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Blessing Judah (Genesis 49:8-12)

October 29, 2020 | by: Gregg Hunter | 0 comments

Posted in: The Life of Joseph

In my Bible, Genesis 49 has the man-given title of “Jacob blesses His Sons,” but so far there hasn’t been much blessing! Reuben has lost his preeminence due to his sexual immorality and Simeon and Levi are being scattered due to their anger! Now that we move onto Judah, we finally get to a son who will be blessed by Jacob.

 

Please read Genesis 49:8-12.

Judah receives the first blessing of all of Jacob’s sons, and it is also perhaps the greatest blessing. Included in his blessing are: the reception of the praise of his brothers, who will bow down to him; conquest over his enemies: and kingship among the nation. This is remarkable considering the most notable actions of Judah thus far are his engineering the sale of Joseph into slavery and wrongful treatment of his daughter-in-law, Tamar. If Reuben, Simeon, and Levi were cursed for their wrongful actions, surely Judah deserves similar curses. Why is he blessed while his brothers are cursed?

The answer to this question comes from a deeper look at the context of Judah’s blessing. We understand that, as with all the sons of Jacob, the blessing will not be experienced by Judah himself, but by the tribe that bears his name. Judah will die like his brothers, but his tribe will go on to lead Israel in military victories (as Scripture records in Numbers 2, 10, Judges 1, 2, and elsewhere). Judah will follow Joseph’s lead for the rest of his life as Joseph is second in command in Egypt, but Judah’s tribe will go on to rule over Israel (though Saul, a Benjaminite is Israel’s first king, David, a Judean, is promised a dynasty over Israel in 2 Samuel 7).

But again we are brought back to our first question: the tribes of Reuben, Simeon and Levi are cursed because of the actions of their Patriarch, so why is the tribe of Judah blessed when their Patriarch is just as sinful?

When we look deeper into this blessing, we see whom is really the object of the blessing: the lion of the tribe of Judah – the Messiah. Traditionally, both Jewish and Christian scholars understand these verses to be a prophecy of the coming Messiah. Christians understand that this Messiah has come, and His name is Jesus.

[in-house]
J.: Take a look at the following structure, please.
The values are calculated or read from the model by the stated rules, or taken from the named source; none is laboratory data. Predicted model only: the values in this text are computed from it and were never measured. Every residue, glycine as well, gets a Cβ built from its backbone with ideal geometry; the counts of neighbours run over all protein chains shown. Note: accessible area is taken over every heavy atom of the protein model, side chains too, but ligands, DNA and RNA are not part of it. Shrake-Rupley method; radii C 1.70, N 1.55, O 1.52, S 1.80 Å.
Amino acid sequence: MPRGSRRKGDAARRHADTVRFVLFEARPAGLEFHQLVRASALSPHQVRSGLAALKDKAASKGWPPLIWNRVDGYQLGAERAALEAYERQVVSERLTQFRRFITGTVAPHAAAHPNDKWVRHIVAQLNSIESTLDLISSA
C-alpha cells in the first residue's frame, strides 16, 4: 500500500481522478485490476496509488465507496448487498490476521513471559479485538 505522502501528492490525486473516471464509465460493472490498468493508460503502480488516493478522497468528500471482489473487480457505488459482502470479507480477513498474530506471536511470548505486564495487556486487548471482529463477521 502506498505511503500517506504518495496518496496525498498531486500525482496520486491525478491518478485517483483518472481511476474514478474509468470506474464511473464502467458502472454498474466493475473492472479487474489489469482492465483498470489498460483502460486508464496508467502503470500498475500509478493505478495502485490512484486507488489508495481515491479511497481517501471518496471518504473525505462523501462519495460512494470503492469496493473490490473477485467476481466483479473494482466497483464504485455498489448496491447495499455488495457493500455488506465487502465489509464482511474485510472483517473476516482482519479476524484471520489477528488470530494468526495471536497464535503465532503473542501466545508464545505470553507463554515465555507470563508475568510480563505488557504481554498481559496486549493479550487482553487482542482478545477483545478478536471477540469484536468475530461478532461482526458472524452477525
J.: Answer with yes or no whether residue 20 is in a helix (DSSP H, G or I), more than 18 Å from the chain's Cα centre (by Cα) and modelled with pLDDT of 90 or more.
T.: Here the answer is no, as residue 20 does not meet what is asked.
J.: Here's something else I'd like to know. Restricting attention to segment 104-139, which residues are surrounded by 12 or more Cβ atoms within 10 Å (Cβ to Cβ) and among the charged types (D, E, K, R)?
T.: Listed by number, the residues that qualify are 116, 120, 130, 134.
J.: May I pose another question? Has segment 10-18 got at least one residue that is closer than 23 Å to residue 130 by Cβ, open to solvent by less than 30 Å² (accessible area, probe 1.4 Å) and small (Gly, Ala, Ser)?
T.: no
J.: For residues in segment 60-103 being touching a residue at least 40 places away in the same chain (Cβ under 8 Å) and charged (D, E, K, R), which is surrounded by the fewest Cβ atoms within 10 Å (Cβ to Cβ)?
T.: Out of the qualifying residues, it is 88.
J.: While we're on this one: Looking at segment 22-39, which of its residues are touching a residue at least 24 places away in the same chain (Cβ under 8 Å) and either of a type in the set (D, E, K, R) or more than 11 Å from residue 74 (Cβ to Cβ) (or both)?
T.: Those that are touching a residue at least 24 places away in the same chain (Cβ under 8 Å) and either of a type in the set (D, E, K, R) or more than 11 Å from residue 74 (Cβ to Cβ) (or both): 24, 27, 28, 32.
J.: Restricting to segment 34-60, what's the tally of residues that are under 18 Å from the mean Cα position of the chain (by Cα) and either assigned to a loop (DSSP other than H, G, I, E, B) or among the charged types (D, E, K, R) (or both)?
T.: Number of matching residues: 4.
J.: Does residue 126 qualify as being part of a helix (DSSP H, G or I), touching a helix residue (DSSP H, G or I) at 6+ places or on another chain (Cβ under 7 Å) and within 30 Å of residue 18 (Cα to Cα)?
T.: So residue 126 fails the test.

It is King Jesus who is the Lion of the Tribe of Judah; King Jesus who will be praised by Israel; King Jesus who will conquer all of his enemies; King Jesus who will rule forever. This last expression comes from verse 10, in which the Scripture says “the scepter shall not depart from Judah… until Shiloh comes…” Jacob is not saying here that Judah’s rule would end when Shiloh came, but rather he will continue ruling until this time when his rule will be multiplied so as to embrace all nations.

The term “Shiloh” itself means “place of rest” and is used elsewhere to refer to the Messiah, who will lead His people into this place of rest. This rest is described in verses 11 and 12, which picture a land of such peace, prosperity and abundance that there is an utter surplus of everything good. This is the kind of rest that King Jesus will bring to His people.

So Judah’s blessing is not given to him because he deserves it, but rather because no one deserves such a blessing. Yet, the Messiah, Jesus, will come and bless His people in abundance based solely on His own grace. All of us are utterly undeserving of this grace, but Jesus freely gives it to those whom He chooses. His reasons don’t have to make sense to us: it is simply a matter of the free grace of God.

I thank God that the Lion of Judah died in my place so that I too may experience His wonderful grace!

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